Syria's 'Evil Man'

British Prime Minister David Cameron did not beat around the bush. He went straight for the jugular and called Syria's president Bashar Assad "an evil man."

Speaking on the BBC over the weekend, the British prime minister said of the Syrian president, that he had done some awful things to his people.

That is a typical British upper lip understatement.

To date more than 100,000 Syrians have been killed, more than double that number have been wounded and nearly two million turned into refugees, all in a country of 22 million people. Entire cities such as Aleppo, the country's commercial center and major towns such as Hama and Homs have been practically turned into near Dresden-like replicas. And all the more impressive is that while Dresden was bombed from the air, Hama, Homs and Aleppo have been done with smaller caliber weapons.

Quite an impressive statistic. But if the British prime minister called the Syrian president an evil man, at the same time the British leader had nothing nice to say about the opposition coalition forces either. Of them, the British leader said that they could not be trusted due to the extremist Islamist element that have infiltrated the Syrian opposition. Mr. Cameron was referring to the takfiri groups that have become prominent within the Syrian resistance.

And herein lies the conundrum that the United States and its allies in the European Union (and other friends of Syria) face when dealing with Syria issue. On the one hand the regime headed by President Bashar Assad is corrupt, ruthless, and cruel and will not hesitate to use brute force. It does not discriminate between women, children and combatants. Forces loyal to the president have killed them all with equal vigor.

Pro-government troops will use heavy artillery -- howitzers and heavy mortars -- as well as helicopter attack gunships and military aircraft to bomb positions, regardless of who is on the receiving end. They will not hesitate to resort to using torture, even on children, in order to obtain what they want. And sometimes that may be trivial. But the torture is not.

Part of the reason they are so brutal is because they want to instill fear into the hearts of their enemies. But that only works until a certain point, beyond which fear stops to work and hate takes over. The level of hate they develop for their opponents becomes so pronounced that it overrides the element of fear that the enemy is trying hard to instill.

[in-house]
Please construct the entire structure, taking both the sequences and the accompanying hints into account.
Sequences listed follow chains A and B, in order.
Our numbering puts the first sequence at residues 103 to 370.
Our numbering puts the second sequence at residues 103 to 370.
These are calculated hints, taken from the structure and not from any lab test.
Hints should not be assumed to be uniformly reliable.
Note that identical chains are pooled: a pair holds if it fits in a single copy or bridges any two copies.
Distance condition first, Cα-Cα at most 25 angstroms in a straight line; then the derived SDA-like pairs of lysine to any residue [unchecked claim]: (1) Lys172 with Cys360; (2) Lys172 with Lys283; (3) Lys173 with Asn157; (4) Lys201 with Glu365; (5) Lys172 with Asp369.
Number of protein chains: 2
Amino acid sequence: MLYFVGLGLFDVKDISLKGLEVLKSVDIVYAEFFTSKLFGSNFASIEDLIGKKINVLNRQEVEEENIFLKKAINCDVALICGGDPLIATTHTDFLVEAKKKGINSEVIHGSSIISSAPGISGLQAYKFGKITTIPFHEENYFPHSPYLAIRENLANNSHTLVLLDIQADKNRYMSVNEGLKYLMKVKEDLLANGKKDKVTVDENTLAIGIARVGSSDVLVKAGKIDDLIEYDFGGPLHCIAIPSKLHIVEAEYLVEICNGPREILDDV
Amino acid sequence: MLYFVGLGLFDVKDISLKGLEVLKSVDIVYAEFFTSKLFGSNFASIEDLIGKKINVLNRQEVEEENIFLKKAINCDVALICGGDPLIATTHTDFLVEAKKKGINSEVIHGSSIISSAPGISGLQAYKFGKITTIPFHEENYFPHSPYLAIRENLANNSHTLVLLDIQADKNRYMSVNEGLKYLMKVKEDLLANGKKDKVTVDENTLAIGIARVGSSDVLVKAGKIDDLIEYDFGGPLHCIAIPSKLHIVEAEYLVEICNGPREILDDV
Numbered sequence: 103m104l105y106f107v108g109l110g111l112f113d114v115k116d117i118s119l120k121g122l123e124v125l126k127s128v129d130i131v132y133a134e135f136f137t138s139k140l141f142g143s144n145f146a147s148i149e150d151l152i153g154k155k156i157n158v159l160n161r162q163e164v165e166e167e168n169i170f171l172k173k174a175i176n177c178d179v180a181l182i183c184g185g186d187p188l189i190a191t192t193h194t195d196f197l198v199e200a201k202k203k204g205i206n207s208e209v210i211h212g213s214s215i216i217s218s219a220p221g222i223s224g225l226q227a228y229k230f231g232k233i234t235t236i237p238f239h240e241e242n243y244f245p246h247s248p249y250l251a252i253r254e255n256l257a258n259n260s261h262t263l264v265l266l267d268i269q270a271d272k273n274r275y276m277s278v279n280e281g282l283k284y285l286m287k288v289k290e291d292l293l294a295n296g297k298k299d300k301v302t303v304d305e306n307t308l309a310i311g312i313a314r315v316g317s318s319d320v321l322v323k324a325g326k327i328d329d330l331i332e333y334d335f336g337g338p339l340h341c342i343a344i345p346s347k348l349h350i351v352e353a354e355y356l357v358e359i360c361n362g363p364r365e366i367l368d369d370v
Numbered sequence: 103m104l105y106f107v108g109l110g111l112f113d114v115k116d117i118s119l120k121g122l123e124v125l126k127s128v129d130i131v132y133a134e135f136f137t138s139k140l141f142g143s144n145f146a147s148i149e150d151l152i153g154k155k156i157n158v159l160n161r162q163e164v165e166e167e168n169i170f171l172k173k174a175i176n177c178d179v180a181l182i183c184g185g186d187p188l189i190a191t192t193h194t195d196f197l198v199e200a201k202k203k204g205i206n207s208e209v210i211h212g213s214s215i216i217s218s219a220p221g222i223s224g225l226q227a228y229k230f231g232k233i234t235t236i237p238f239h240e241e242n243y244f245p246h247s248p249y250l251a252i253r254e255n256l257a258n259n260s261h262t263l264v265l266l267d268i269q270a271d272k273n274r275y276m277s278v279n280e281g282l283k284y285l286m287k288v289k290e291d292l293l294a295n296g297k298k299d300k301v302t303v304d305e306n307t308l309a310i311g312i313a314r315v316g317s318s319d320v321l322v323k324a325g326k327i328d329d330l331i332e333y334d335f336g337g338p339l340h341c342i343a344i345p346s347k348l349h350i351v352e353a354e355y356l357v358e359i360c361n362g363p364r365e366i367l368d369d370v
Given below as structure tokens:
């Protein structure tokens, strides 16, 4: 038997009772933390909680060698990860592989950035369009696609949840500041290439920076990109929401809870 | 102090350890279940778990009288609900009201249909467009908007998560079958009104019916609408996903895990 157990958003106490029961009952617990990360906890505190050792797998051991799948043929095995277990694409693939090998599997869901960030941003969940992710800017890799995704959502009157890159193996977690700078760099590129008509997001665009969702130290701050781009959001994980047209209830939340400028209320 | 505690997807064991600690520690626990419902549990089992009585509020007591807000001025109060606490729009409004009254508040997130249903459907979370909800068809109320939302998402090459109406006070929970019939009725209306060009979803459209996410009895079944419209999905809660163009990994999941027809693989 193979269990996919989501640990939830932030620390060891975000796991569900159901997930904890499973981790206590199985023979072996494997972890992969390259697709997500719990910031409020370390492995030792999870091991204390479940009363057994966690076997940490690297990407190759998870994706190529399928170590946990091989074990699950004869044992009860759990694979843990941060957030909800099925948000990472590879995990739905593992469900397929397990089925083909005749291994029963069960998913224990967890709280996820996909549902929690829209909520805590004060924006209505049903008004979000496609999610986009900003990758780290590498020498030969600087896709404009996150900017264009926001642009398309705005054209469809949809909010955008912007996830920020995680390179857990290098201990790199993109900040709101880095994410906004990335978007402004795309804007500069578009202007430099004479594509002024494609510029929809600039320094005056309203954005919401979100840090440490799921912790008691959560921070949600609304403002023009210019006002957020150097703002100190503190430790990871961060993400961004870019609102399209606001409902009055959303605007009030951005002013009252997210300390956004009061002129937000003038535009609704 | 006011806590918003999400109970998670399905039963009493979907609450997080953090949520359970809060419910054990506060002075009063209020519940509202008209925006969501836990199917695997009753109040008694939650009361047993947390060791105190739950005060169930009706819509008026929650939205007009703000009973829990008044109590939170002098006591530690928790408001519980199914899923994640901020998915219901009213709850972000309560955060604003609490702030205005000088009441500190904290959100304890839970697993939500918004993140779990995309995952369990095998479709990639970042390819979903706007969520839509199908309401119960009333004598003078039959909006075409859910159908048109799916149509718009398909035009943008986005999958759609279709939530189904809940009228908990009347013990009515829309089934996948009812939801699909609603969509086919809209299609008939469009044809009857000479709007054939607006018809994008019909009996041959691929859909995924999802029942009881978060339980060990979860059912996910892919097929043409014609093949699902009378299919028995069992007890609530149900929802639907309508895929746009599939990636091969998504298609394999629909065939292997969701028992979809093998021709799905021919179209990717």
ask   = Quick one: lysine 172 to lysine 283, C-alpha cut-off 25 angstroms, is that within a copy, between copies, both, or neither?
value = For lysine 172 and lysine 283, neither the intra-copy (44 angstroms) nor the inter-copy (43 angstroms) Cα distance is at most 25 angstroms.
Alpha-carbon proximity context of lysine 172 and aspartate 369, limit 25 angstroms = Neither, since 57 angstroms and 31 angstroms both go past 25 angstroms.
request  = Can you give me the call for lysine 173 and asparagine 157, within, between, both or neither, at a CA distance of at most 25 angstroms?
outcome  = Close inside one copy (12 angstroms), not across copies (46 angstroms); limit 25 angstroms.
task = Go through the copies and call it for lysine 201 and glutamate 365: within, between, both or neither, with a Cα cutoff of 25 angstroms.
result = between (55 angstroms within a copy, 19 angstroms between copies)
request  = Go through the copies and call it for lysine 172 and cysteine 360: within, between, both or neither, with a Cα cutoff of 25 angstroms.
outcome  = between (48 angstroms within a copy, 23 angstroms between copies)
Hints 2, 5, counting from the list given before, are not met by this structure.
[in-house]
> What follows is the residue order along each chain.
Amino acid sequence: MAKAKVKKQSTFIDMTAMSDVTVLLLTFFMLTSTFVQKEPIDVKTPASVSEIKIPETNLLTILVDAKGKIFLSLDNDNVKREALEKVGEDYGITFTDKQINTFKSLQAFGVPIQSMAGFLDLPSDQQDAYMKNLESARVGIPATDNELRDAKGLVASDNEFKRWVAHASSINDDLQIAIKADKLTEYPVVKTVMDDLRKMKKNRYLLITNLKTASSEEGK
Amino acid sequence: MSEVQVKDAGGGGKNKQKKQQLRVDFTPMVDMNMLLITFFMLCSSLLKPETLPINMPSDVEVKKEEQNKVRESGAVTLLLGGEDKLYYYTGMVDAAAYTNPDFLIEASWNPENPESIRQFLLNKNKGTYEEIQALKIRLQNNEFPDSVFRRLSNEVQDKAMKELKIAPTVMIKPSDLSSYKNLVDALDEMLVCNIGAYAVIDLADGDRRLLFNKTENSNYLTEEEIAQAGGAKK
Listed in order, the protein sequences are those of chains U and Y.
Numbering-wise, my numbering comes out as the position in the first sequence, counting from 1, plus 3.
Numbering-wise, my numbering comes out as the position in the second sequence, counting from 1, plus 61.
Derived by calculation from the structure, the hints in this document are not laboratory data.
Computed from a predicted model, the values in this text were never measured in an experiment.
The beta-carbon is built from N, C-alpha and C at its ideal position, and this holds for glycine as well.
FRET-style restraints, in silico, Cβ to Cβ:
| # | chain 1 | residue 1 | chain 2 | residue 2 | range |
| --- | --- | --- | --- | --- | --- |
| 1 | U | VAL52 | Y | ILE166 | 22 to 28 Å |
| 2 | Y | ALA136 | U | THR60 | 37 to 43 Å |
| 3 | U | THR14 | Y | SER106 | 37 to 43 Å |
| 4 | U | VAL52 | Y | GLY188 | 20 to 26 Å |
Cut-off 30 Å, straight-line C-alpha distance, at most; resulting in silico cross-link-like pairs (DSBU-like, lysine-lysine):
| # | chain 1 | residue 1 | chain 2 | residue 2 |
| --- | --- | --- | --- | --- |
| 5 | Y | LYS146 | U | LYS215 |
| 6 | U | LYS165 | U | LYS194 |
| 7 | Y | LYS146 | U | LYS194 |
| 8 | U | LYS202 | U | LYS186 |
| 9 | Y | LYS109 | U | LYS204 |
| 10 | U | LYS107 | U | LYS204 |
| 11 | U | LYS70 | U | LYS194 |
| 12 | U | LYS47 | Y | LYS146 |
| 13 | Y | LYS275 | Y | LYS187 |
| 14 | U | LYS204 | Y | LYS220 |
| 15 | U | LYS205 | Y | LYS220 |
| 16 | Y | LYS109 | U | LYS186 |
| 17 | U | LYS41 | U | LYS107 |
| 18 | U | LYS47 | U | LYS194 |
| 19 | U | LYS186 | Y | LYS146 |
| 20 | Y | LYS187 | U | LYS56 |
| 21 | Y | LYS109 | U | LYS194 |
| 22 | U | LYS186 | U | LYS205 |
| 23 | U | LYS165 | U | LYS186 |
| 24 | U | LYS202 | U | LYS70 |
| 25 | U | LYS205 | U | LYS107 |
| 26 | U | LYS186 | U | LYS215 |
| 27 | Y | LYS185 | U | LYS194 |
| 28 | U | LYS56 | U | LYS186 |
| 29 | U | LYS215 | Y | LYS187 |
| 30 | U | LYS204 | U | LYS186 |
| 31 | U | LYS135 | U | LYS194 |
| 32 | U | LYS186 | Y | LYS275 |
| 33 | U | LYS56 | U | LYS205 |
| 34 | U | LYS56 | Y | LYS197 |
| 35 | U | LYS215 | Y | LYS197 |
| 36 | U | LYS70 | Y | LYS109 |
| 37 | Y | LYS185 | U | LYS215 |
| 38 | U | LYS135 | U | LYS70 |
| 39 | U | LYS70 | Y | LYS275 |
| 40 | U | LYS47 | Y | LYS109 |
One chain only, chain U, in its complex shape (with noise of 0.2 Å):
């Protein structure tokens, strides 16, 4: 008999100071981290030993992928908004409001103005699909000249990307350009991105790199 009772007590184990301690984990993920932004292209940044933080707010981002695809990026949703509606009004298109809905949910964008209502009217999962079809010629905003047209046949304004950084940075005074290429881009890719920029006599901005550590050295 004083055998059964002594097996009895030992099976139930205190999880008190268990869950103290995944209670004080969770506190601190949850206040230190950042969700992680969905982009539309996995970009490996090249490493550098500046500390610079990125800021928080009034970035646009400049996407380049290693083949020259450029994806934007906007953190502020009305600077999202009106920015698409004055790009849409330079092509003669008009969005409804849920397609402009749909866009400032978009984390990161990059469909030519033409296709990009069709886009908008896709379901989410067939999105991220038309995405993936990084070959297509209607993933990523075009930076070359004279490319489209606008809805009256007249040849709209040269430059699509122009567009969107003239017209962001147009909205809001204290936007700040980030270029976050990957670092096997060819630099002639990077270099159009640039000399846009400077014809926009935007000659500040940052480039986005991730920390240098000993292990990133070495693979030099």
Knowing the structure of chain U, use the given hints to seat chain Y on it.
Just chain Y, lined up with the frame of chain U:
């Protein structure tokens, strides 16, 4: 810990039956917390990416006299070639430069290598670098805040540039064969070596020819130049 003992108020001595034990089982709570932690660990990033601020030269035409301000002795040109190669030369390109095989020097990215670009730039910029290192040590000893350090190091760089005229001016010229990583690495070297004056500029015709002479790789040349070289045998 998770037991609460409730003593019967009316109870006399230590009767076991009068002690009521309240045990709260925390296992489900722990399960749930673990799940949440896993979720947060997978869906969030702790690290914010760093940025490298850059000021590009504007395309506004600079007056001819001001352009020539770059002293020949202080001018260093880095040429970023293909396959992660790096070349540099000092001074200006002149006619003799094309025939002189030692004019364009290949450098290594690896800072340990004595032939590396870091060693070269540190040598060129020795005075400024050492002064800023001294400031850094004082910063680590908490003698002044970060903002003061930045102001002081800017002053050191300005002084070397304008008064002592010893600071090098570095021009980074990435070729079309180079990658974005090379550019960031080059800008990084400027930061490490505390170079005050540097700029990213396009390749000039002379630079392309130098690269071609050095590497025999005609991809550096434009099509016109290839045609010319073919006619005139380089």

The opposition in Syria is really not very different, for the most part, than the forces they are fighting when it comes to issues such as the respect of prisoner right, human right, etc. We have seen the horrific videos of prisoners being beheaded by Islamists who turn themselves into judge, jury and executioners.

We have the disgusting videos of prisoners being beaten up and cut to pieces, quite literally. We have seen some of the most unspeakable horrors being committed in the name of democracy.

Some people in the West were surprised that the "good guys" -- the ones the West supports -- were using many of the same torture techniques and behaving much like the "bad guys" they are fighting.

There should be no surprises really. Many members of the opposition, especially those who joined the Free Syrian Army, a group that is composed mostly of deserters from the regular Syrian military, have received the same schooling as the Syrian military. Until recently they were part of the Syrian Army. They had received the same basic training that soldiers and officers in the regular Syrian army have received. The officers who were trained by the Mukhabarat -- the Syrian intelligence service -- are unlikely to adopt democratic manners overnight. They had the same teachers, the same officers, the same professors and the same counselors. So why do we expect them to be any different? It really should be no surprise that the good guys are often as bad as the bad guys. In fact the allies and "friends" of Syria are so worried by the situation there that a previous promise of weapons has been put on hold out of fear that the weapons would fall into the wrong hands and be eventually used against the very Western forces that provided them in the first place.

The solution? It a long, long educational curve.

Claude Salhani, a specialist in conflict resolution, is editor of He tweets @claudesalhani.